I started my ‘Co-op’ in January 2001 working for a Fortune500 Power company based in Richmond, Virginia. I was working in transmission line engineering department. Evidently, my hiring manager was my department manager. ‘Co-op’ is a short of Cooperative Education. It is a little different from internship in terms of duration of work. Internship lasts only a semester or the summer vacation. Cooperative education lasts at least three semesters. Some Cooperative Education students ‘co-ops’ even stretch it to five semesters. Sometimes, it depends on how eager one is finishing the degree or working for a company a few extra semesters.
Frankly, I was pretty nervous in the beginning. Having no previous work background at all, the corporate world was a whole new ball game for me. On the first day, I was introduced to the engineers and staff working in my department and other closely associated departments. I was provided a cubicle, a desktop, a phone and other necessary items needed for the job. Next, I was introduced to my mentor whom I was supposed to be working with. He is a very kind and hard-working gentleman. I think I could not have a better mentor. At that time, the department was going through digitizing their documentation and my mentor was working to get that work done in the quickest and most efficient way. I started working with him and at times, during his absence, I was responsible to work on it independently.
There were other co-ops from various institutions in the U.S. like Penn State, University of Wisconsin-Madison, University of Virginia, Virginia Tech and many more. The company made sure to provide us the time for interaction with each other to learn and share our experience. There were also many instances when there were exciting events planned. We also had interactions with the executives of the company. The power industry lagged in hiring and most of the employees working for the power industry were getting ready to retire. So the company wanted to keep us engaged in work and other work-related activities so we could build a strong association with the company and decide to come back after our graduations.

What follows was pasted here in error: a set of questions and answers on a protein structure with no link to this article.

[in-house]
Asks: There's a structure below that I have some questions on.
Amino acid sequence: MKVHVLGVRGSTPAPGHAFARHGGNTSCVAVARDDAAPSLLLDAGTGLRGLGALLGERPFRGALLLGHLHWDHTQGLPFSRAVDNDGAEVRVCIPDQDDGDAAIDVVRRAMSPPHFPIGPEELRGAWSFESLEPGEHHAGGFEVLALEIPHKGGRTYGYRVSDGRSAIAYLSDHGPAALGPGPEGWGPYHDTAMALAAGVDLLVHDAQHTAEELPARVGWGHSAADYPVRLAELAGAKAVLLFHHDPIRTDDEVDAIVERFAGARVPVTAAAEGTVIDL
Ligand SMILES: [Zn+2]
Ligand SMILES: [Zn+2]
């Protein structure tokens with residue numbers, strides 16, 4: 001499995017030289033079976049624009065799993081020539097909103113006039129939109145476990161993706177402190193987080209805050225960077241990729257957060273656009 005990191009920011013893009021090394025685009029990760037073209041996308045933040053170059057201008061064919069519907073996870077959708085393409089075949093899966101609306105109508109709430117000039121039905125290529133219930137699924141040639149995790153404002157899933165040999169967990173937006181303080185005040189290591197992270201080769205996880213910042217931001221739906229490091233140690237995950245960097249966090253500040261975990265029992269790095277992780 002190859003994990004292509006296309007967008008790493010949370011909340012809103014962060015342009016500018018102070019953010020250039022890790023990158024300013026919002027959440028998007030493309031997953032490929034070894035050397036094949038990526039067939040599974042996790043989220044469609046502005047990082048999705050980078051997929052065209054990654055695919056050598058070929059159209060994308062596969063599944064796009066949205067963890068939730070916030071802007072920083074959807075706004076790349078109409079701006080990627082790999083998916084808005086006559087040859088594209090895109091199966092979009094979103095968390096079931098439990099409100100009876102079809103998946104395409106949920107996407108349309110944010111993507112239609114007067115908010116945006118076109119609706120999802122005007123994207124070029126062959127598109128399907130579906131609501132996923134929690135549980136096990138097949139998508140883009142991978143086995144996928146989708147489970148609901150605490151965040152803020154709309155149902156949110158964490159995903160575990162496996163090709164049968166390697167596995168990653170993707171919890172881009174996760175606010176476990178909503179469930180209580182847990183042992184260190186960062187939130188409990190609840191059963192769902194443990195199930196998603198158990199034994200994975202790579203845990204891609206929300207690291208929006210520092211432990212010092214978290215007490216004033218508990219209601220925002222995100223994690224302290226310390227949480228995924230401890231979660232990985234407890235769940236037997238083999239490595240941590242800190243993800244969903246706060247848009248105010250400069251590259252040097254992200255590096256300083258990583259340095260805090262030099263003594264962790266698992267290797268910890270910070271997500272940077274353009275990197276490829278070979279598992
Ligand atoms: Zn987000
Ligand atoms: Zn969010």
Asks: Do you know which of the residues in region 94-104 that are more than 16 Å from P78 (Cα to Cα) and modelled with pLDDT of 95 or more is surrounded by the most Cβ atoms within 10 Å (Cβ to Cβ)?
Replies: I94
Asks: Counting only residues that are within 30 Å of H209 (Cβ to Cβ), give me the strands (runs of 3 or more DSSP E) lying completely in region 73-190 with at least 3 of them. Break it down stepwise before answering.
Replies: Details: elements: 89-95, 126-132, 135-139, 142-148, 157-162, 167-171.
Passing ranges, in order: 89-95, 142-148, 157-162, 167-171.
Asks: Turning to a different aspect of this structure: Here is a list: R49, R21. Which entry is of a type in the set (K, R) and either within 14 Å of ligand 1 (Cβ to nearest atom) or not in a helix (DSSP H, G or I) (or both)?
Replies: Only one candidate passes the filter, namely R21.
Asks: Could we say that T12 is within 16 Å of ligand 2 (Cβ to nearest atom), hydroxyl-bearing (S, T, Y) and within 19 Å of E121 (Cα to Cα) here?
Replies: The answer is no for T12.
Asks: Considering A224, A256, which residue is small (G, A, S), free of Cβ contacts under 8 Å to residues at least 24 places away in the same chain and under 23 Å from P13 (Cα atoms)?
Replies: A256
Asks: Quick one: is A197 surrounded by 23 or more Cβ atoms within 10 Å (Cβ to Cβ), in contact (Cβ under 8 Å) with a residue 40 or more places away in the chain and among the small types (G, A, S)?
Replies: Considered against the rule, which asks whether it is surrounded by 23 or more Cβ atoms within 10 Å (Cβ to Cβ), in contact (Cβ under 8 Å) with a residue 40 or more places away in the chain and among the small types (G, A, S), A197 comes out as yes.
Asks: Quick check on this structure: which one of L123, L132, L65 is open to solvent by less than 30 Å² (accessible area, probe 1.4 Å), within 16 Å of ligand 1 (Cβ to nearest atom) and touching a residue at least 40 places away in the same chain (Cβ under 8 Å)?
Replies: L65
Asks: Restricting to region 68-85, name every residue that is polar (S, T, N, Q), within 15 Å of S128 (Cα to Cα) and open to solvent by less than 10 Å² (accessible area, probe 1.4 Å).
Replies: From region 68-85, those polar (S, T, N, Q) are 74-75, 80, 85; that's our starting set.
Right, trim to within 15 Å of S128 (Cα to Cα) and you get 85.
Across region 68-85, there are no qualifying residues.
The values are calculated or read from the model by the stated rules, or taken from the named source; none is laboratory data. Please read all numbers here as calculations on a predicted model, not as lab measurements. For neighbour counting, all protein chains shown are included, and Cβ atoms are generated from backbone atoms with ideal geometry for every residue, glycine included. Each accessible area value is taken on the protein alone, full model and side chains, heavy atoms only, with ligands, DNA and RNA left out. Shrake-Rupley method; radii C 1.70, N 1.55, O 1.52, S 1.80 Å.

I worked through my Spring semester and Summer vacations of that year. I learned a lot during my time about transmission engineering. This experience also proved to be critical in determining my future endeavors. When I went back to college after my first co-op term, I changed my major to Electrical Engineering from Computer Engineering. I also focused on studying power engineering in Electrical Engineering. The internet boom was at its peak in 2001. So I was considered a traditional, scared of new technology and lacking the motivation to learn new things in Electrical Engineering by my class fellows. However, the time has proved them wrong. The power industry jobs are the most stable and lasting. On the other hand, the computer related jobs are short-lived. And the trend for computers fluctuates. Since all the electronics need electricity to recharge and operate, therefore, the demand for power and power-related jobs is continuously growing.
I would also encourage my blog readers to motivate the upcoming undergraduates to look for the opportunities during their undergrad education. This will help them to broaden their horizon. This will also help to decide better for their future path whether they are interested in pursuing their particular field for the rest of their lives.